Whitescapes: Part 1

A response to Odili Donald Odita’s Art Assignment

I’ve been meaning to make a mobile to hang from this sticky hook ever since we moved into this apartment and discovered it there.

The Materials:

I knew that any objects I chose must be light enough that I wouldn’t worry about my mobile breaking this sticky hook (of which I know nothing) from the ceiling. And I decided that they must still feel ‘white’ when I placed them on the desk in preparation.

I needed something to act as a base, and I didn’t have anything white (other than heavy ceramics) to serve that purpose, so I wrapped up an old damaged soccer ball in a white jumper.

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The Process:

I built haphazardly, trying to create something with a spread of heights and distances but not allowing myself to change anything after I’d hung it.

The Outcome:

In the end I liked how it felt like a world, perhaps with little communities or utilities hanging off the side. It reminded me a little of each of Luminocity (computer game) and The Edge Chronicles (books).

As far as the colours go, it seems that most things feel yellowy compared to the bright shiny white of new white socks and scrunched printer paper. But I’ve only just hung it up. I’ll report back in a week or so.

sketches vs finals

Some days art is frustrating. And there’s something to be said for the idea that “no one knows how it was meant to look in your head”. And there’s something to be said for putting your best foot forward and not pointing out the mistakes in your own work. And there’s something to be said for the fact that you’re a bad judge of your own work anyway. But I posted one version of this piece on twitter and another on tumblr, so I’m gonna ignore those ideas and talk about dissatisfaction with my own art.

I gather I’m not unusual in my frustrations about the whole sketch->final thing. The beauty of a sketch is it’s all loose and flowy, and your eye skips past any mistakes because…. well, it’s just a sketch, and our brains are good at finding meaning in mess and joining the dots of an outline.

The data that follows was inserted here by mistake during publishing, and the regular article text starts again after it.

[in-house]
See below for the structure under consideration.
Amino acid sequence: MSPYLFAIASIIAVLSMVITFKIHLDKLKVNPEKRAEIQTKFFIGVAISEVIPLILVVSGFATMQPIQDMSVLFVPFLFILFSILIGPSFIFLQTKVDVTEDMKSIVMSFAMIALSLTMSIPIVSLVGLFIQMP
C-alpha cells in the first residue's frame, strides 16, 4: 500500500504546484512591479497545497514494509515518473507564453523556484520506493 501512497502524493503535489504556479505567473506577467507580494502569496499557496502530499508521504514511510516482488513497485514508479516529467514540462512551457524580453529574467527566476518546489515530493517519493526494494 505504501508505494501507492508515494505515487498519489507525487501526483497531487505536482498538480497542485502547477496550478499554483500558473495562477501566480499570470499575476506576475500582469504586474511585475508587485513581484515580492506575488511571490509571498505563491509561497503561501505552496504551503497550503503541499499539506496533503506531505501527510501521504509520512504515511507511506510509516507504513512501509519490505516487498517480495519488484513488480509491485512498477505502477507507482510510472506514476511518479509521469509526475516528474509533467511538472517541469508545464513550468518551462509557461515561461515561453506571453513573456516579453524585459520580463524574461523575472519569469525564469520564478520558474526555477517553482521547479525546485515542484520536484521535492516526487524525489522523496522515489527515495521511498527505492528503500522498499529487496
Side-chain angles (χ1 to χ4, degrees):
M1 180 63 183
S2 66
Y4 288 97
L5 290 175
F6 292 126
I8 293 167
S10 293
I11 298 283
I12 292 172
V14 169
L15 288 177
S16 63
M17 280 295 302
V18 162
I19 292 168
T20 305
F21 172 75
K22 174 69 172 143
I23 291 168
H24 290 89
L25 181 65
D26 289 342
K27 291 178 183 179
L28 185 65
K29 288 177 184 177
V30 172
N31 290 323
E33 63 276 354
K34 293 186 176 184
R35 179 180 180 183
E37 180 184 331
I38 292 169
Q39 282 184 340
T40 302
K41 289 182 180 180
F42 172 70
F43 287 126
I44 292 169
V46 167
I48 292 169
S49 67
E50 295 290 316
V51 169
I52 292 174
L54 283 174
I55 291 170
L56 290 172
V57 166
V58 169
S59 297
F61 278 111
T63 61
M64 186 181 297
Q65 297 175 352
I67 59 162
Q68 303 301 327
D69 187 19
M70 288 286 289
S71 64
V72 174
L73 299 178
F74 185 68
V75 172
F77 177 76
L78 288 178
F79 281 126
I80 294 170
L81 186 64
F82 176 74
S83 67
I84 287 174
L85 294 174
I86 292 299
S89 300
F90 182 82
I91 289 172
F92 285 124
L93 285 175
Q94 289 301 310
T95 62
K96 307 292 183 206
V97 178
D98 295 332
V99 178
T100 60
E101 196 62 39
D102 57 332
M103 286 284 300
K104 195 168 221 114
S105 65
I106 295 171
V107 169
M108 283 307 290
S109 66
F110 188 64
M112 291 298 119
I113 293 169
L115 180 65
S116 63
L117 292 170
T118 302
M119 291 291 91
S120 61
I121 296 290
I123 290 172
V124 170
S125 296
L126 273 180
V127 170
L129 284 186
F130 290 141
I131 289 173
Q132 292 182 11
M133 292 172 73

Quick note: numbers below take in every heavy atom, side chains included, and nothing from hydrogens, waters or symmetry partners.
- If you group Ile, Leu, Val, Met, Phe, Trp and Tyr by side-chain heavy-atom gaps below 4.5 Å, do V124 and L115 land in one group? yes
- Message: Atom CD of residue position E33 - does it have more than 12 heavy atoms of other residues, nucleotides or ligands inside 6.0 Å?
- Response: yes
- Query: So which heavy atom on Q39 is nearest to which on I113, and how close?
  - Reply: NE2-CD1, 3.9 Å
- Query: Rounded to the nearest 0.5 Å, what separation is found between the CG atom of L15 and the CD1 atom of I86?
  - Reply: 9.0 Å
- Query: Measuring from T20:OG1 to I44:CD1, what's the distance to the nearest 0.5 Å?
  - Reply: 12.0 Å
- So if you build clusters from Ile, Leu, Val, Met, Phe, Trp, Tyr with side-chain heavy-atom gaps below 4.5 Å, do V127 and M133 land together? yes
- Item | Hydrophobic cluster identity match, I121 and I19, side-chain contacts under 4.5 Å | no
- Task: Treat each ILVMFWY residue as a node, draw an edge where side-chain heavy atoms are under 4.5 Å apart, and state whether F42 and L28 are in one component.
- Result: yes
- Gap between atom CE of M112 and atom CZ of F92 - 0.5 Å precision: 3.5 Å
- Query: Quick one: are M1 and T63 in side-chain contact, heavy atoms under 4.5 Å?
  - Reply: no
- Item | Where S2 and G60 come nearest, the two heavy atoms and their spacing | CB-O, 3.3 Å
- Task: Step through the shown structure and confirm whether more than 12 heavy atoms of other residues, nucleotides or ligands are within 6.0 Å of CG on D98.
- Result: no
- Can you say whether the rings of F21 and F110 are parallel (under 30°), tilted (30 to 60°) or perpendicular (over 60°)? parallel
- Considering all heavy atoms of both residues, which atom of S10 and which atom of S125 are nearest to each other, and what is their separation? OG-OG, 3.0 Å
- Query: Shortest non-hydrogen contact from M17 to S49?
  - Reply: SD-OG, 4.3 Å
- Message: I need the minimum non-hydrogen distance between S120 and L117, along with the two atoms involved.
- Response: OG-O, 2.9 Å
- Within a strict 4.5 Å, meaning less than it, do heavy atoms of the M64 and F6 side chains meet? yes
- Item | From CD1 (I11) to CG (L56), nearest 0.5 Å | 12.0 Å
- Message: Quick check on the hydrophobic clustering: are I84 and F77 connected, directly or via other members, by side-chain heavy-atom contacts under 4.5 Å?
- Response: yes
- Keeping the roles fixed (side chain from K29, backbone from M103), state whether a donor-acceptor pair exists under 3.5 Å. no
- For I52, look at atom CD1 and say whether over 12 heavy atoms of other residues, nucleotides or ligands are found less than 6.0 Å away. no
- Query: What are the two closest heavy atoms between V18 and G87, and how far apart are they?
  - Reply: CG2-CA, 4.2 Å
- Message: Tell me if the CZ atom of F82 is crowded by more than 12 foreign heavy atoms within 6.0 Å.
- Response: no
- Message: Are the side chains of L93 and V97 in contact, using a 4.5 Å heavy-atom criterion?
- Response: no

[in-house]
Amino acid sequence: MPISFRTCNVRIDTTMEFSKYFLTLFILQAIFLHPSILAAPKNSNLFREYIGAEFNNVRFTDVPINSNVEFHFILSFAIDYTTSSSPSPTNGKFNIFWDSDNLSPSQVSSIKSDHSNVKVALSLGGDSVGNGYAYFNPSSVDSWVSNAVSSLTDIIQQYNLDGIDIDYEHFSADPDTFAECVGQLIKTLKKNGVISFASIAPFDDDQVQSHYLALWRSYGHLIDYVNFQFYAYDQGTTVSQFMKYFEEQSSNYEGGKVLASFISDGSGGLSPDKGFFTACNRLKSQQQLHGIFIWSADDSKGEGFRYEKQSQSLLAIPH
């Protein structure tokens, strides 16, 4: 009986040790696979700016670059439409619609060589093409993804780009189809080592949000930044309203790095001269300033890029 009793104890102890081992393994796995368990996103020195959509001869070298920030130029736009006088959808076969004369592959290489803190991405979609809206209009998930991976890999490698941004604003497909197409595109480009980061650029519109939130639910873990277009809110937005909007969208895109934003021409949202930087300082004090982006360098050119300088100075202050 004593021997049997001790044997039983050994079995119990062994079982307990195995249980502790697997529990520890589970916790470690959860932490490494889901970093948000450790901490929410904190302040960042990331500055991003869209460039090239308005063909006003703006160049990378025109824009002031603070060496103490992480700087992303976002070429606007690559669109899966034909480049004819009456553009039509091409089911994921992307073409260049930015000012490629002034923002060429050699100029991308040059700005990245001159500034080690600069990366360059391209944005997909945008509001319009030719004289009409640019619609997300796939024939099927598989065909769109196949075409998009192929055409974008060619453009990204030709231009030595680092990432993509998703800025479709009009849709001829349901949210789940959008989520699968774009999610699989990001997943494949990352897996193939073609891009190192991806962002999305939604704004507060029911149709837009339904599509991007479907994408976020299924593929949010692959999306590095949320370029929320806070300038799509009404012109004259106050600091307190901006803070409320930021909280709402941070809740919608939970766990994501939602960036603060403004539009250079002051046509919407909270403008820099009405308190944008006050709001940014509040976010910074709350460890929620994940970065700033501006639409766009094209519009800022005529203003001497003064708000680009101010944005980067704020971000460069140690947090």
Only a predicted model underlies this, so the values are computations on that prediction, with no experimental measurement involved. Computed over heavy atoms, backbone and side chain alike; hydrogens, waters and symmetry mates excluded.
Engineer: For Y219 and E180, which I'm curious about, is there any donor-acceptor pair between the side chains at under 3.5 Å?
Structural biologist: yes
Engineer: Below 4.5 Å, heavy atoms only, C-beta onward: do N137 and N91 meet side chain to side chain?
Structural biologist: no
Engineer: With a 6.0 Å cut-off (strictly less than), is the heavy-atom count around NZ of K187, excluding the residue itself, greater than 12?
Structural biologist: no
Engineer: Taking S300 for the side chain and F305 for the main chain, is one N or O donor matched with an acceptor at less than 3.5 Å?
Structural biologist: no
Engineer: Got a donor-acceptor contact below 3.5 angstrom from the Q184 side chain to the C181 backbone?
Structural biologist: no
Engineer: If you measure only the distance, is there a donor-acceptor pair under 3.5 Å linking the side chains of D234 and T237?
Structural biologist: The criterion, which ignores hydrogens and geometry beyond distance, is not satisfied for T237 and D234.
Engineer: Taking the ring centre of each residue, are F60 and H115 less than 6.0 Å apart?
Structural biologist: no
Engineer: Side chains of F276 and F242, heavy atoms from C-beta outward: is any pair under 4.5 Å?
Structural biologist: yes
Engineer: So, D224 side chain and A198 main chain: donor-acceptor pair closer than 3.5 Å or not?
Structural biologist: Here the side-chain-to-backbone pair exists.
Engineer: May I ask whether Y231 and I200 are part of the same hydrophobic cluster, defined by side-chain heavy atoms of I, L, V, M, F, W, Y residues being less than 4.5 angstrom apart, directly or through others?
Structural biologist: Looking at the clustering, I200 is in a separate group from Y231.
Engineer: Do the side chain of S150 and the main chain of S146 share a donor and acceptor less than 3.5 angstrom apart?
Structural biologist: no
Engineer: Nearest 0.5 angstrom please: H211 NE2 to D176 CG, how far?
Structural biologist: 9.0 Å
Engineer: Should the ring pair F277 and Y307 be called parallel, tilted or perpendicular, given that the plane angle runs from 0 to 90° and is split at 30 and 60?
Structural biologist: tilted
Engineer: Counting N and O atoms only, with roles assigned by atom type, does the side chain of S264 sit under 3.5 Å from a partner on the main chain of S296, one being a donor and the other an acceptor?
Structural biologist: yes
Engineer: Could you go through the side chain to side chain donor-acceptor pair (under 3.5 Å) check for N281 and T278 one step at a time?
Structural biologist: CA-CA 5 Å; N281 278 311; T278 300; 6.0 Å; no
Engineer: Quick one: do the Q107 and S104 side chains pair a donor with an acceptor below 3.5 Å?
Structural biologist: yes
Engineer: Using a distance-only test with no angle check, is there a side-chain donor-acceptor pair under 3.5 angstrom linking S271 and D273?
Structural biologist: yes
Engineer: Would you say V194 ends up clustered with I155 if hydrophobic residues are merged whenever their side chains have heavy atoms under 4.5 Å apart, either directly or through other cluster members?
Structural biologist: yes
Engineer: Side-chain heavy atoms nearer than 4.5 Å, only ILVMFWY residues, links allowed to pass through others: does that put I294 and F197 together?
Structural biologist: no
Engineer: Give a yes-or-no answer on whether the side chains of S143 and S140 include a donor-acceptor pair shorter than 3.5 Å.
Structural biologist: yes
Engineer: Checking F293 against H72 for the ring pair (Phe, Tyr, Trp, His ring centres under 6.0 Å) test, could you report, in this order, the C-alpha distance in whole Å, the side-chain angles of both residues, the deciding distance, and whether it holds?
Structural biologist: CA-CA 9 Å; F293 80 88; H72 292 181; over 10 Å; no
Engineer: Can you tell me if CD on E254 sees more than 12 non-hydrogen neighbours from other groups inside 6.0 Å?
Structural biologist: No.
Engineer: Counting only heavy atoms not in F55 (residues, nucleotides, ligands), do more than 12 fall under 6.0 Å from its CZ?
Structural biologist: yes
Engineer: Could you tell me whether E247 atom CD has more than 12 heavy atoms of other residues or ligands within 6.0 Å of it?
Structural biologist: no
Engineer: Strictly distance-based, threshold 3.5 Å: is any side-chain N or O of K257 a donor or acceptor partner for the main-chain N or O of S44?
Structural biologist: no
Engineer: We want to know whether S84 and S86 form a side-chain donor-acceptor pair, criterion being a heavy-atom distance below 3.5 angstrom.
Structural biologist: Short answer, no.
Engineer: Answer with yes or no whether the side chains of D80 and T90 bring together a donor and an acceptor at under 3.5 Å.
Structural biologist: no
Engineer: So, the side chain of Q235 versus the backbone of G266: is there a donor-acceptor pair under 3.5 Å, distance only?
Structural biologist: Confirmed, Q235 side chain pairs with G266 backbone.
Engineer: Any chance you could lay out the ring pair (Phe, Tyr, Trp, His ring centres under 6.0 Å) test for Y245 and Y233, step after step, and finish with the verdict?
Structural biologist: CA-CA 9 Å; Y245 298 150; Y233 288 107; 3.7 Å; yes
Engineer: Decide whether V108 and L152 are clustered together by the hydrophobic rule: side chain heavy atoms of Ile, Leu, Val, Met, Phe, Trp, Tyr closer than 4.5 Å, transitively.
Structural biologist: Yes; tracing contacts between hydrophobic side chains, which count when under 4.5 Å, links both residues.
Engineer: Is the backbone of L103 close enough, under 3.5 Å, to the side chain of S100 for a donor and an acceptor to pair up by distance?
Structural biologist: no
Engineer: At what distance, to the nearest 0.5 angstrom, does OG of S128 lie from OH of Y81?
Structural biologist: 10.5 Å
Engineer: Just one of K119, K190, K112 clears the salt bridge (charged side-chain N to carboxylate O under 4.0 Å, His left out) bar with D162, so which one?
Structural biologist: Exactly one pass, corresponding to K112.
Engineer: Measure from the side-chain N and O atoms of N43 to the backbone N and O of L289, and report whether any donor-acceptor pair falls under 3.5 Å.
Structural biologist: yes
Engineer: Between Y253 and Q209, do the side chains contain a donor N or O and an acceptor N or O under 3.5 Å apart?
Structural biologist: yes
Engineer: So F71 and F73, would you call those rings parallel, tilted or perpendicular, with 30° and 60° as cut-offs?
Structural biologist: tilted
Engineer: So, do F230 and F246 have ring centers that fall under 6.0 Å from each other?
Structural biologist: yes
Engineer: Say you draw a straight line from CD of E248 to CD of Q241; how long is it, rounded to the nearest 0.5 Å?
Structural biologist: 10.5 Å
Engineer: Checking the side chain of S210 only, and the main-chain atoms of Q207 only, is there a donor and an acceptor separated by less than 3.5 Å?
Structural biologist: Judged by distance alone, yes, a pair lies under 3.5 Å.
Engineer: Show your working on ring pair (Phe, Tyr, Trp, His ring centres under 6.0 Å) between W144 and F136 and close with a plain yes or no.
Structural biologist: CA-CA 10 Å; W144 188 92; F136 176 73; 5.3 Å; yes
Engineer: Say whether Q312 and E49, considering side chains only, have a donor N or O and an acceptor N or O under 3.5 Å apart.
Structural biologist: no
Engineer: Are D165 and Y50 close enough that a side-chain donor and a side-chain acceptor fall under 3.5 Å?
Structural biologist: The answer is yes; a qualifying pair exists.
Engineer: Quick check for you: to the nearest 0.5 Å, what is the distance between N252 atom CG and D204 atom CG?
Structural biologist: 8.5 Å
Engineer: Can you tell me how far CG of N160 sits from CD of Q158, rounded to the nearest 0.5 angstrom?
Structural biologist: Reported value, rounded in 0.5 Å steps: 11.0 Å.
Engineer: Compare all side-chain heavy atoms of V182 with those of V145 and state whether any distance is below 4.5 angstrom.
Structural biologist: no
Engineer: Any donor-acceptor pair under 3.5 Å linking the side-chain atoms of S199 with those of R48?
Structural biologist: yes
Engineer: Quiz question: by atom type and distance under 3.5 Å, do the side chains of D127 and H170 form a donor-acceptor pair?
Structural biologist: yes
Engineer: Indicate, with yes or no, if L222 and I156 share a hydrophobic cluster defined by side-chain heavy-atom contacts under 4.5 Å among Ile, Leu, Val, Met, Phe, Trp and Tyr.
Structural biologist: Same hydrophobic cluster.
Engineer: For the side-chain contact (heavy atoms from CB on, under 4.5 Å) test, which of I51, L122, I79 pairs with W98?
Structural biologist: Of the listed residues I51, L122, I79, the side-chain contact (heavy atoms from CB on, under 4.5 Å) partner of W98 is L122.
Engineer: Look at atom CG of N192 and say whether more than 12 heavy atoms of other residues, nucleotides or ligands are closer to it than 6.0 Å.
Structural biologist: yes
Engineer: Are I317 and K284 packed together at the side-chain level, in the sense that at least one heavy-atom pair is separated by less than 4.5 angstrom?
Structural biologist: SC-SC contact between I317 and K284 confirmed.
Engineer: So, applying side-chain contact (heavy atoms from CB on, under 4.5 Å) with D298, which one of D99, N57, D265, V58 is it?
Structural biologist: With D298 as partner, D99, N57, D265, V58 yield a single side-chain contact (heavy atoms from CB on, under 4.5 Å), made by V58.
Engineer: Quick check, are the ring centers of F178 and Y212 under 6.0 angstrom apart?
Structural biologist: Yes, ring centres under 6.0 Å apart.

Earlier this week I sketched this for Colour Collective:

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And it was so pretty! It had so much potential!

I was busy this week, so I couldn’t give as much time to the picture as I wanted to. And I figured it would be okay because it’s rendering people that takes the most time and effort, so probably I could just spend a few hours on Friday evening on it.

So I did, and I ended up with this:

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I felt pretty good about it honestly. I thought it was nice. Until I compared it back to the original sketch and saw it was missing like 90% of the emotion. I scheduled it for Colour Collective anyway, but went to bed discouraged.

This morning I decided to just have another go at the background, seeing how much I could keep, and if I could capture some of the magical feeling of the original sketch. I spent about an hour on it and came up with this:

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I like it a lot more than the version I had last night, and I don’t plan to do any more with it, but I’m still frustrated. There’s a weird spot where you’ve got to keep the energy of the sketch while also making it look ‘finished’ and I’m really struggling to find it here. I found the halfway zone but now maybe it’s lacking in energy and also clarity? 

I feel this final piece looks too ~messy~ and a little off, which I assume is my lack of proficiency with the oil pastel-y brushes. I also hadn’t really wanted to use the pastel brushes. I’d wanted to stick with the pencil-based techniques I’ve been using in other work recently, because I feel like I should be able to convey the same emotions using those, I’m just not quite sure how.

Anyway, that’s my art brainspace right now. Trying things outside of your comfort zone is useful, but it can also be discouraging. Don’t get me wrong, there’s good in this picture and there’s a lot that I like about it and I think others will like it too, or I wouldn’t have posted it at all. But that doesn’t make the frustration go away.